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Importance of Self Reflection and Growth

ImageSo for the past week, I have been focusing on how to compile my final project for this assessment course.  I have been visiting and re-visiting objectives, reviewing technology tools, and how to align those objectives with higher-level thinking skills for the workplace; yet not compromise the integrity of what is needed in workplace learning to simply fulfill a course requirement.  It is about finding the balance to show growth in the skills in the course and the different expectations in the workplace (compared to the education focus of the course). I have been changing and adjusting, sometimes even second guessing my instructional design direction, as I work toward my final project.  It has been a challenging process.  Ultimately, this process was about self-reflection and growth this week.  It was a reminder about why I continue to take graduate courses– to challenge my thinking and take my skills to the next level–however, I forget how difficult that can be at times.

This week’s readings made some recommendations for online courses.  I choose three key points to focus on integrating or improving upon in my course. Those readings included the following:

Petersen, N. J. (2004). Cybercoaching: Rubrics, feedback, & metacognition, oh my! Paper presented at E.C. Moore Symposium on Scholarship of Teaching and Learning, Indiana University. February 25, 2005.

Koohang, A., Riley, L. and Smith, T. (2009). E-Learning and constructivism: From theory to application.  Interdisciplinary Journal of E-Learning and Learning Objects, 5:91-109.

 

Key Point 1:  Incorporate relevant, realistic and authentic learning situations

I have designed my training around a relevant, realistic business goal, including determining metrics that link back to workplace performance- service levels that show a cumulative result of all agent performance and an agent level performance metric.  The training was designed around authentic learning situations that link directly to that business goal that was decided.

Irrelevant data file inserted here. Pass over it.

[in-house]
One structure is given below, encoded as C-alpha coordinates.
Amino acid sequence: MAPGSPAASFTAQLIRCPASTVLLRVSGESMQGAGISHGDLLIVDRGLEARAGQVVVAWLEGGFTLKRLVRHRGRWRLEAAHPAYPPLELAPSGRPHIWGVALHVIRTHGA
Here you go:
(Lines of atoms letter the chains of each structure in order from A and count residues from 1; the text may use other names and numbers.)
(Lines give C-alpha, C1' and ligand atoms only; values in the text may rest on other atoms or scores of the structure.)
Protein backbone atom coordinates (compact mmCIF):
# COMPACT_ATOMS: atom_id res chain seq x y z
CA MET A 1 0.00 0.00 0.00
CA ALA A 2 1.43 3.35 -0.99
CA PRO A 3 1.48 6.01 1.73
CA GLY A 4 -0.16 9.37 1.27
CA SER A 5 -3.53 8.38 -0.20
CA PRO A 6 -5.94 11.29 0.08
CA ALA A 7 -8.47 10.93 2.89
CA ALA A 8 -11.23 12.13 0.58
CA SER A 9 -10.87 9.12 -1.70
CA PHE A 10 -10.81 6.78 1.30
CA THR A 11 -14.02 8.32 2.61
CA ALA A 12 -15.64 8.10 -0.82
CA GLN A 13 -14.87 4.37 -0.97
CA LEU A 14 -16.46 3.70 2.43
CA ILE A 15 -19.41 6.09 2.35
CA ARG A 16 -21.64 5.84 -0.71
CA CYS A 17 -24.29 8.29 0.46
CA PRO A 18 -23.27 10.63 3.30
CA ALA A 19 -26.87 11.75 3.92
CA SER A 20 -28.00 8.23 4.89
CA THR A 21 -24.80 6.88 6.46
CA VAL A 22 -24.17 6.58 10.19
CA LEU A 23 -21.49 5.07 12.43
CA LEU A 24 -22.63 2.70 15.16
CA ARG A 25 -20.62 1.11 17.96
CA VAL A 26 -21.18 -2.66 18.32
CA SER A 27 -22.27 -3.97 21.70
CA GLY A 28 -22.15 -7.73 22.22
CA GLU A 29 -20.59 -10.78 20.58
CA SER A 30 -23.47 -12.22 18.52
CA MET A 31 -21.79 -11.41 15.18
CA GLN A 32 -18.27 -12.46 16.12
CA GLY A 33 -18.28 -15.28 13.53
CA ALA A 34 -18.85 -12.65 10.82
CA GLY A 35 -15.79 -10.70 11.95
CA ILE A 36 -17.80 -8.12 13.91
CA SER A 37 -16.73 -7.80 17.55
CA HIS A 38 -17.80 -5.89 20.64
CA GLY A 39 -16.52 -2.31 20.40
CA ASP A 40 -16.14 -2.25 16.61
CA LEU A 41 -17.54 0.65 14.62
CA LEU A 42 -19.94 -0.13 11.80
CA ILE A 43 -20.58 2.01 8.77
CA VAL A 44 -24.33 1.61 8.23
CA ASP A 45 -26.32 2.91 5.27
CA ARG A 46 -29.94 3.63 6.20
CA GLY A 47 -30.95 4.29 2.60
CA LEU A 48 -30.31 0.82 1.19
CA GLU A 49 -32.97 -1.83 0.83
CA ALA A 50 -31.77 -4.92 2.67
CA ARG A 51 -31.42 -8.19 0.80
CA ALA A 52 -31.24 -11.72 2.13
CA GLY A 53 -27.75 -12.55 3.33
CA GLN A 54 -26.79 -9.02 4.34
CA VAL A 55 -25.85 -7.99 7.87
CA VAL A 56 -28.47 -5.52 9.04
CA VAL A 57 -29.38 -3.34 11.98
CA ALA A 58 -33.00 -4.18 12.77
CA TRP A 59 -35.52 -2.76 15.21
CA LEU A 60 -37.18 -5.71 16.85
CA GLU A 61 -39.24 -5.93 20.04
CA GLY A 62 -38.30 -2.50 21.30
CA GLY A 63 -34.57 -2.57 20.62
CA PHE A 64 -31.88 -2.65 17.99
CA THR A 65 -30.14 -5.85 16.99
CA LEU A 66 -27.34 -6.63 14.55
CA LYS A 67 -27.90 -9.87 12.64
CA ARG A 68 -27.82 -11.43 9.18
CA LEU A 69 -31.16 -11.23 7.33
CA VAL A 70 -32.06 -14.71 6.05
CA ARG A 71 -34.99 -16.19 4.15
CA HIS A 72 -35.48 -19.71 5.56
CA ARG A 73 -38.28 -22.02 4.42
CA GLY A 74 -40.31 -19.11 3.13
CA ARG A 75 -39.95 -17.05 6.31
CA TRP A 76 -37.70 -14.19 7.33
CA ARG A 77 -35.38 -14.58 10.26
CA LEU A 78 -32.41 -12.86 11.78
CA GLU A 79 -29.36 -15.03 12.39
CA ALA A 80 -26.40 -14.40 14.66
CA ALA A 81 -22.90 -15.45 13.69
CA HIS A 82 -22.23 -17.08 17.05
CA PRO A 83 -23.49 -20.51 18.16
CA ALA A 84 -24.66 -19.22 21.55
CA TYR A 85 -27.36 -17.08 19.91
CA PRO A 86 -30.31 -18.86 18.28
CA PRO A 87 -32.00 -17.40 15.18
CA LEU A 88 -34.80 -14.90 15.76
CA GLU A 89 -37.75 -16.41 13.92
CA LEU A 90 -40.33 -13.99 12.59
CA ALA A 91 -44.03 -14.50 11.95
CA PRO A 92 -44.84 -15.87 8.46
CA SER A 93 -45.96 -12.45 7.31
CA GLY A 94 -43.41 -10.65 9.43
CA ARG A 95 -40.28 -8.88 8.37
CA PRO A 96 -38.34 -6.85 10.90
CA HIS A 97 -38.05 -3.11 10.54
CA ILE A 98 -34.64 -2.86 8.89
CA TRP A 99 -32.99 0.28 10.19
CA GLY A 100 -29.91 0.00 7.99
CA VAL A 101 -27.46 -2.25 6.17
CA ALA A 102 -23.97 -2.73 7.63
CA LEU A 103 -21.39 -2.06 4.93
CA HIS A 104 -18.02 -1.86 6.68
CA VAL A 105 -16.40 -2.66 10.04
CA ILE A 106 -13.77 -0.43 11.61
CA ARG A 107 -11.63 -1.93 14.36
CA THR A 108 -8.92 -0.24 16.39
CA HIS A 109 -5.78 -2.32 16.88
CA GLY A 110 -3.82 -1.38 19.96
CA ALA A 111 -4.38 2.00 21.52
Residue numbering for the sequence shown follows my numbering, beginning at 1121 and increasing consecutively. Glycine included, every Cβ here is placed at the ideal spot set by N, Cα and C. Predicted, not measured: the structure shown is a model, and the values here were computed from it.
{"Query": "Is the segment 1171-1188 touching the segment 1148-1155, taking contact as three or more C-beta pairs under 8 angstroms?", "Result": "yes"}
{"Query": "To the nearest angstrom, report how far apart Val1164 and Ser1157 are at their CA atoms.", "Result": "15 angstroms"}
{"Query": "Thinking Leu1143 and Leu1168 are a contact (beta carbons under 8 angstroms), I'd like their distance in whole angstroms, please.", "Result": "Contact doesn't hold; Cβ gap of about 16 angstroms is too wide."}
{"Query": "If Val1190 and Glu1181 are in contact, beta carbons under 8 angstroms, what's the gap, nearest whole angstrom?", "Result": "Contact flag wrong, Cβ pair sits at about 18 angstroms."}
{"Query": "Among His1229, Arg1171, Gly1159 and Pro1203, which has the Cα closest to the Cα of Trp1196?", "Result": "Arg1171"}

The biggest area of opportunity here is in designing the activities to make sure they are reaching toward the higher-level, cognitive skills needed for the job.  Completing a cognitive task analysis will help me narrow the activities to the most relevant situations that agents are struggling with on the job.  This way I know that my focus is on those authentic situations that matter the most. 

Key Point 2:  Monitor learner progress and then insert focused mini-lessons that direct the student to particular skills required for adequate performance.

I see the design of my training beginning with a pre-assessment that will diagnose  the areas that learner only needs to focus on for training. The plan is to include several learning nuggets that the learner will complete based off that pre-assessment analysis.   Each learning nugget will have an assessment that includes feedback to guide the learner as if I was by their side.  If the learner struggles on any aspect, there will be additional learning kernels (focused mini lessons) to direct that skill area. It may be a self-checking activity or a video to guide in using and reading information in the system tools, for example.

My big area of opportunity for this point in my final project is to move beyond the idea of what I want to create and move toward storyboard the content with the desired activities. 

Key Point 3:  Include opportunities for self-assessment and formative assessment which inspire growth

To bring the training to a higher level, self-assessment or reflection must occur throughout.  Although learning journals or blogs are not appropriate for my workplace, I believe there are ample opportunities to assess and even collaborate on their learning.  One idea that I have been playing around with is a collaborative FAQ to showcase the points they want to remember and that others could benefit from. To really take your learning to the highest level, it involves being able to teach a skill to another. A wiki may be the answer.

Along with that I think it is important to have learner reflect on what they already know and find commonalities from other client trainings. These connections will help the learner gain confidence in their knowledge and see how their training can apply in new situations. 

Along with this, I want the learner to be able to judge their response to a customer query against a set standard.  I want the learner to self-assess their call responses against the quality rubric, but also assess other calls to judge if it meets the required standards. 

Lastly, action planning should be a part of the training.  My standard closer that includes the stop/start/continue direction is important.  This involves the learner identifying one thing they want to stop, one thing they want to start, and one thing they want to continue doing based off the training. It helps them focus all the training they received and create a plan to start implementing once they are back on the job. 

Here my biggest area of opportunity for my project is to determine how this self-assessment objective can be placed throughout the learning process.  I think once I map out the content flow and then storyboard the activities, it will become more apparent to me on where these opportunities lie.

 

~Tina

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One Response

  1. Tina, I can’t wait to see your final. I appreciate the idea of looking at the students needs and focusing on those areas. Also I too believe it is important for a student to reflect on their learning process. It solidifies the experience. Michelle

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